In his article, “Jesus’ Third Way”, the biblical scholar Walter Wink re-examines the passages from Jesus’ Sermon on the Mount that have too often been interpreted to be imperatives for passivity: “turn the other cheek”, “resist not evil”, and “go the second mile.” On the surface, these sayings certainly sound like Jesus is instructing his hearers to be like a “doormat” (as Wink describes it) when confronted with conflict. However, Wink’s brilliant exegesis of these passages that pays more attention to the context of Jesus provides an important corrective to the doormat approach to Christian discipleship. It seems clear that Jesus rejected the use of violent force to oppose the domination systems of his day (going against the methods of the Zealots), but he was no less opposed to all forms of oppression. Jesus opposes both violent retaliation and nonresistance, offering his followers a third way to deal with conflict: active nonviolent resistance that is concerned with creatively dealing with evil and violence in particular contexts. As Wink writes, “Jesus abhors both passivity and violence as responses to evil.”
First of all, Wink asserts that “do not resist evil” is more accurately translated as something like, “don’t react violently against someone who is evil.” This calls for the rejection of the method of violence without demanding nonresistance. The next clarification of Jesus’ teaching is that when he says to “turn the other cheek” after being slapped on the right cheek, he is asserting this is actually a way to humiliate one’s oppressor. This is because the kind of slap Jesus describes is meant not just to injure, but also to humiliate the victim. Turning the other cheek is a way of asserting equality and humiliating the oppressor. Similarly, when Jesus commands his followers to give away their cloak to those who persecute them, or to go the second mile, it is with particular 1st century social, cultural, and political issues in mind. Properly understood, Jesus is advocating for creative nonviolent resistance in the face of very particular social situations of oppression. Wink asserts that Jesus’ third way instructs his followers to lovingly, but actively confront their oppressors in order to reveal their complicity in evil. Only this kind of resistance can change hearts and break the cycle of violence. The victims must assert their humanity and dignity, shame the oppressor, be willing to suffer instead of retaliate, and reveal the powers for what they really are.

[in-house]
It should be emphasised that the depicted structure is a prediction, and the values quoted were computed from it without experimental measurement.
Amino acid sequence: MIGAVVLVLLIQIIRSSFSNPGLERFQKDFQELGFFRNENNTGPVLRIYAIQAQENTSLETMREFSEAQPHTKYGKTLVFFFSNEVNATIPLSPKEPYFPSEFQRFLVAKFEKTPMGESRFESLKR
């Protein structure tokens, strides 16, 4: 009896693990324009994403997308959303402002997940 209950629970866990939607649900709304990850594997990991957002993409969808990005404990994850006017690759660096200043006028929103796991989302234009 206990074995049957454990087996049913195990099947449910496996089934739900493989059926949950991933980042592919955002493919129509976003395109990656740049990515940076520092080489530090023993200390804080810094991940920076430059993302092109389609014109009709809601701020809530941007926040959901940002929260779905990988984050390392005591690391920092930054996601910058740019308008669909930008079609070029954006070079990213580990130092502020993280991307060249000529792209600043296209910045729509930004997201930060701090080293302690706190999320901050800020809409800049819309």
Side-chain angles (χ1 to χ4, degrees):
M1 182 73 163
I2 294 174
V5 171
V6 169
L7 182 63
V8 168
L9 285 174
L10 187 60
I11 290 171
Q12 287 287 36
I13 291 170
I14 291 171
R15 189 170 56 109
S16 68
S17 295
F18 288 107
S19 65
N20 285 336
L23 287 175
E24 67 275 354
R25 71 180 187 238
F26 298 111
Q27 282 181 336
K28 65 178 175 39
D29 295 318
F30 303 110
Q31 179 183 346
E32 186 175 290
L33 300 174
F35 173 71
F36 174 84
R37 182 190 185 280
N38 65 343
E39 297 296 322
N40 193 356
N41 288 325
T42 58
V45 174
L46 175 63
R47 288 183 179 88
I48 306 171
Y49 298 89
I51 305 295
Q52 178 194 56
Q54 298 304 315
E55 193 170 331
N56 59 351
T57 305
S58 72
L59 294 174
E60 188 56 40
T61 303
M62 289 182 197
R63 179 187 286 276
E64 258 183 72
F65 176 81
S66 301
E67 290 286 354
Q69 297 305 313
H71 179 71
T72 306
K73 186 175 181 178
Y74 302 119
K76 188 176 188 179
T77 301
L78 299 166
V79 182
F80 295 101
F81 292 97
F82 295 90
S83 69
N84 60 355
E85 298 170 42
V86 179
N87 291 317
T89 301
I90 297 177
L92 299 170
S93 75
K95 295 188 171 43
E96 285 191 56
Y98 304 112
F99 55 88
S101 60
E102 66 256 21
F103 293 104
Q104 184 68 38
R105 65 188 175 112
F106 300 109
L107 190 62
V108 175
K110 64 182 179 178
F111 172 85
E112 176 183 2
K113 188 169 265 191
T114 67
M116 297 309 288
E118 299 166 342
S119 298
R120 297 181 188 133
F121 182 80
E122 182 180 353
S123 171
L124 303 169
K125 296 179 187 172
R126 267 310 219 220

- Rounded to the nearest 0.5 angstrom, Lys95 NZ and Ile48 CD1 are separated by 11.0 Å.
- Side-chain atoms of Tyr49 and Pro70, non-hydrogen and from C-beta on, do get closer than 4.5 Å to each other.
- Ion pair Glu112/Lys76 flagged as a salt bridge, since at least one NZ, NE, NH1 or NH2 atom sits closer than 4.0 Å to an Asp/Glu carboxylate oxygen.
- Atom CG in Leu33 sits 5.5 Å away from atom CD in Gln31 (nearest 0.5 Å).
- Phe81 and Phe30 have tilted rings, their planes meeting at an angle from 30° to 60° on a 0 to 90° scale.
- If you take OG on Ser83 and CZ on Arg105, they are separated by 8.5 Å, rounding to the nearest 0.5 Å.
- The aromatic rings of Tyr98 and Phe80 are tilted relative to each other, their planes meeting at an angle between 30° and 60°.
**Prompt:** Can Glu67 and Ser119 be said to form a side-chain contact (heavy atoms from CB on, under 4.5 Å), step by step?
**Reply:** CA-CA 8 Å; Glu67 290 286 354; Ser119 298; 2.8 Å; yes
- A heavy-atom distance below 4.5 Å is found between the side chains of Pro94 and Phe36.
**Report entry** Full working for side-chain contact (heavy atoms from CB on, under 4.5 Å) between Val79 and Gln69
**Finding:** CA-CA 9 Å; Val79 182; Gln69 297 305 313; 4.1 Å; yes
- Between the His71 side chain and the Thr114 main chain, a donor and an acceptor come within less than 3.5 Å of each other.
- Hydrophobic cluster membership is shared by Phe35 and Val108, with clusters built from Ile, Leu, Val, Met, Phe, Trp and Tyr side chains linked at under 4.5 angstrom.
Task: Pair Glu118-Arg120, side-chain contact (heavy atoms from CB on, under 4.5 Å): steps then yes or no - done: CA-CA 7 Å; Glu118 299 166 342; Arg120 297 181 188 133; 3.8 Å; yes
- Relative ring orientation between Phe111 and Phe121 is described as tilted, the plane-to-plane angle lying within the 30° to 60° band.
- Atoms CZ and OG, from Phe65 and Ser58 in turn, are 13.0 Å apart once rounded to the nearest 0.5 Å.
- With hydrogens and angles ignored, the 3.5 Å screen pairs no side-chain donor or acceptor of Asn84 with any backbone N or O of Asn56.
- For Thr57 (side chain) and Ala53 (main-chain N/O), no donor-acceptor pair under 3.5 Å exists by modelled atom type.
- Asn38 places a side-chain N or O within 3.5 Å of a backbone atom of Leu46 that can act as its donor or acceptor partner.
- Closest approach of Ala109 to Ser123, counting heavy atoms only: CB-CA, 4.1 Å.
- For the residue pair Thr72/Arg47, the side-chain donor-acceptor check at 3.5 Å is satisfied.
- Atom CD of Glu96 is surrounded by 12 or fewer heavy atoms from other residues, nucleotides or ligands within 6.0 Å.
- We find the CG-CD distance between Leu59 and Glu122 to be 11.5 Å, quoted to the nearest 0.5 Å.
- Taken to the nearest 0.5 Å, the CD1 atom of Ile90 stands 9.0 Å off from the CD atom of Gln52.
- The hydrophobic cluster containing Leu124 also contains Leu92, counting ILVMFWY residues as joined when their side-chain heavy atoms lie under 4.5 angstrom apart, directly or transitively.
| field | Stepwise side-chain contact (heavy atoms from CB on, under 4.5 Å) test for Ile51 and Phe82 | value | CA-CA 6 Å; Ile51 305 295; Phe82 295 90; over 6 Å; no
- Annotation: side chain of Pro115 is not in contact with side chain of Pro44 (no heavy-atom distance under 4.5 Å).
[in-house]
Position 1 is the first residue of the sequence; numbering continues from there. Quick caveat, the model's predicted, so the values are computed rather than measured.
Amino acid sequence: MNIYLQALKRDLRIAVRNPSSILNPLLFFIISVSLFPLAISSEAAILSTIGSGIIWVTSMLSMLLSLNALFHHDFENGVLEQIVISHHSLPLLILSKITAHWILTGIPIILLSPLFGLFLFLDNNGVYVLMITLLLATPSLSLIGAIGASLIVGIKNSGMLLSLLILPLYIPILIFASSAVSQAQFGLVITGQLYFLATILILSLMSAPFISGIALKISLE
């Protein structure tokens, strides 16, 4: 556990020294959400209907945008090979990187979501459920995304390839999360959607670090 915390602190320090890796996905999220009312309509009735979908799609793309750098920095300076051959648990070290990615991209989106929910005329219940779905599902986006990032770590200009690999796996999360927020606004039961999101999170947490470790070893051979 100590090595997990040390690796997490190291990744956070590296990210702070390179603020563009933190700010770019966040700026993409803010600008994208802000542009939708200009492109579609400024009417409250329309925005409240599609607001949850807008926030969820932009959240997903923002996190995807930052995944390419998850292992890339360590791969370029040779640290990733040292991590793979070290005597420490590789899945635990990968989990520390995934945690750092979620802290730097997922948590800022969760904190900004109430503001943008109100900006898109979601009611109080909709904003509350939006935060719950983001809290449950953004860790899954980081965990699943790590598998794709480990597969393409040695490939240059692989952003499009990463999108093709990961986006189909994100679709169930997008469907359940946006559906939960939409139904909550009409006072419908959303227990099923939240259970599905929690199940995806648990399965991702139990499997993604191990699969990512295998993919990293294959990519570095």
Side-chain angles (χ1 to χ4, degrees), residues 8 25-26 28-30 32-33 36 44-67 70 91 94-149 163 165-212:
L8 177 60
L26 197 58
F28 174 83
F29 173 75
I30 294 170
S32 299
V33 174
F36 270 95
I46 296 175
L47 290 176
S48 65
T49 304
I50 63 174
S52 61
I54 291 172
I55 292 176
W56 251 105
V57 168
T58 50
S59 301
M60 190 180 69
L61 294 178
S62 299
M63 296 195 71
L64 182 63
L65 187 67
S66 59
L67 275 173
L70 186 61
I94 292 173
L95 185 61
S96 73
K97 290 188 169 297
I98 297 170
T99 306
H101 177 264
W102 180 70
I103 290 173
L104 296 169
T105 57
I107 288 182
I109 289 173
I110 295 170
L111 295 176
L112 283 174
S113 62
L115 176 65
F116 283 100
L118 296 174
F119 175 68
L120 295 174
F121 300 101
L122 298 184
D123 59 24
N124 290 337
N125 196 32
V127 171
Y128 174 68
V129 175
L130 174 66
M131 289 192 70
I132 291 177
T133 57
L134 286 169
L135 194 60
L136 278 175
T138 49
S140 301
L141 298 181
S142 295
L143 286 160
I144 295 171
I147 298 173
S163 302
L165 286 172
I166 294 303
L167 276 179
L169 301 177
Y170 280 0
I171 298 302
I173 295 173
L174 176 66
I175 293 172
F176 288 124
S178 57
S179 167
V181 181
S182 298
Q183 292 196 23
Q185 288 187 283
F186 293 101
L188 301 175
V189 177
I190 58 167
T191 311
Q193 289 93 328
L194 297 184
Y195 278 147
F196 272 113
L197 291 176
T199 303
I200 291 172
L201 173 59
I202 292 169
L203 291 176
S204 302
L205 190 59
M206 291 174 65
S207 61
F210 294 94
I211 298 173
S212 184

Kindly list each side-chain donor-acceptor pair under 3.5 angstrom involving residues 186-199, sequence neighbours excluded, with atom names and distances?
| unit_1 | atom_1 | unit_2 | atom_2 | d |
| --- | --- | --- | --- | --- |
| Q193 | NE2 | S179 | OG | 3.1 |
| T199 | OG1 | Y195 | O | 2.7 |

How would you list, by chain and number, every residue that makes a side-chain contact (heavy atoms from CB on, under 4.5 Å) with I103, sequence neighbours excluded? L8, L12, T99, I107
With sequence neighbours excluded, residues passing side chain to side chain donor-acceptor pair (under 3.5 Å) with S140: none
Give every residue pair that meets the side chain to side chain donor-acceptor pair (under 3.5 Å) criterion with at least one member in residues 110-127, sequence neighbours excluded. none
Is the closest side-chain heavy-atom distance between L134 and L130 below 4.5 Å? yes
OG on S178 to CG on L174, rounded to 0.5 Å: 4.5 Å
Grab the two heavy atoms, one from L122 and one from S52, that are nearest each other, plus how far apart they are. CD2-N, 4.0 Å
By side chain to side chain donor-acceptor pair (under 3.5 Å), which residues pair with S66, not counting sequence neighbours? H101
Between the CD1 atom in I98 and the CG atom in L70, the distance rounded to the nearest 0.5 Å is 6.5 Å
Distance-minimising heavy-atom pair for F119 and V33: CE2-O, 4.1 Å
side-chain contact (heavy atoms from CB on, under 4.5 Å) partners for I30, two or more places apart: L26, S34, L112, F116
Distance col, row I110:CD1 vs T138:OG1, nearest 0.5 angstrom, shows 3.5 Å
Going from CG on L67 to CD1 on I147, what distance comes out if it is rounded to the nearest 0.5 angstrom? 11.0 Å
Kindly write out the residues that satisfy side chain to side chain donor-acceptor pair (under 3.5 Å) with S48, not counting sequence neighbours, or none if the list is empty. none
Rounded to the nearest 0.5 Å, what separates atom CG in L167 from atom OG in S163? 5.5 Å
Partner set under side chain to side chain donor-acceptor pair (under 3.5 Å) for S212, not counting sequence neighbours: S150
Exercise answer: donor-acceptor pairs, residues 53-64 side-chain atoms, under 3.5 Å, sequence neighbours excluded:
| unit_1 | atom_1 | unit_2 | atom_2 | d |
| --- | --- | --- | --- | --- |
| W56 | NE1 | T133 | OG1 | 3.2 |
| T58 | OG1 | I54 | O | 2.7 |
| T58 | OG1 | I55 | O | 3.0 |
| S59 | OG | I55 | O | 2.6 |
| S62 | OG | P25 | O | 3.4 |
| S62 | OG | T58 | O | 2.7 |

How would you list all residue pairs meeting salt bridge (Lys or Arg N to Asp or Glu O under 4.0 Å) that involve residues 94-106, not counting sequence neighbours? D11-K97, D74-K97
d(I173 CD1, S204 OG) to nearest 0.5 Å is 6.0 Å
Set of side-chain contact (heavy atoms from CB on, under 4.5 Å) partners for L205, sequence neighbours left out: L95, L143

Having also read Wink’s book “The Powers that Be”, I have considered his particular exegesis of Matthew 5 for a number of years, and have ultimately found it to be important for my own understanding of Jesus’ teachings. Although I am still working to clearly articulate my own pacifist stance, I know that it must be a socially engaged kind because of Wink’s compelling exegesis. Christian pacifists have more to offer than a prophetic critique (important as that is) – we have a vision for justice and liberation through nonviolent resistance that is too often neglected as impractical, but is in fact a distinctive contribution to the struggle for social justice. I also resonate with Wink’s call for Christian communities to rehearse nonviolence, to be schooled in creative approaches to this way of life so that they can more faithfully respond to violence and oppression when the time comes. I would add that without a principled commitment to nonviolence, the door is always left open for violent options. It seems that Wink leaves the door open for the use of violence when strategic nonviolence does not seem to be effective. I am not, however, convinced that this is consistent with the New Testament. Jesus may advocate for nonviolent resistance, but I do not think this cancels out his principled pacifism. In addition to prophetic critique, the contribution of principled pacifists to society should be creative alternatives to violence. Christian pacifists would be more ready to offer these alternatives because of an already firm commitment to nonviolence.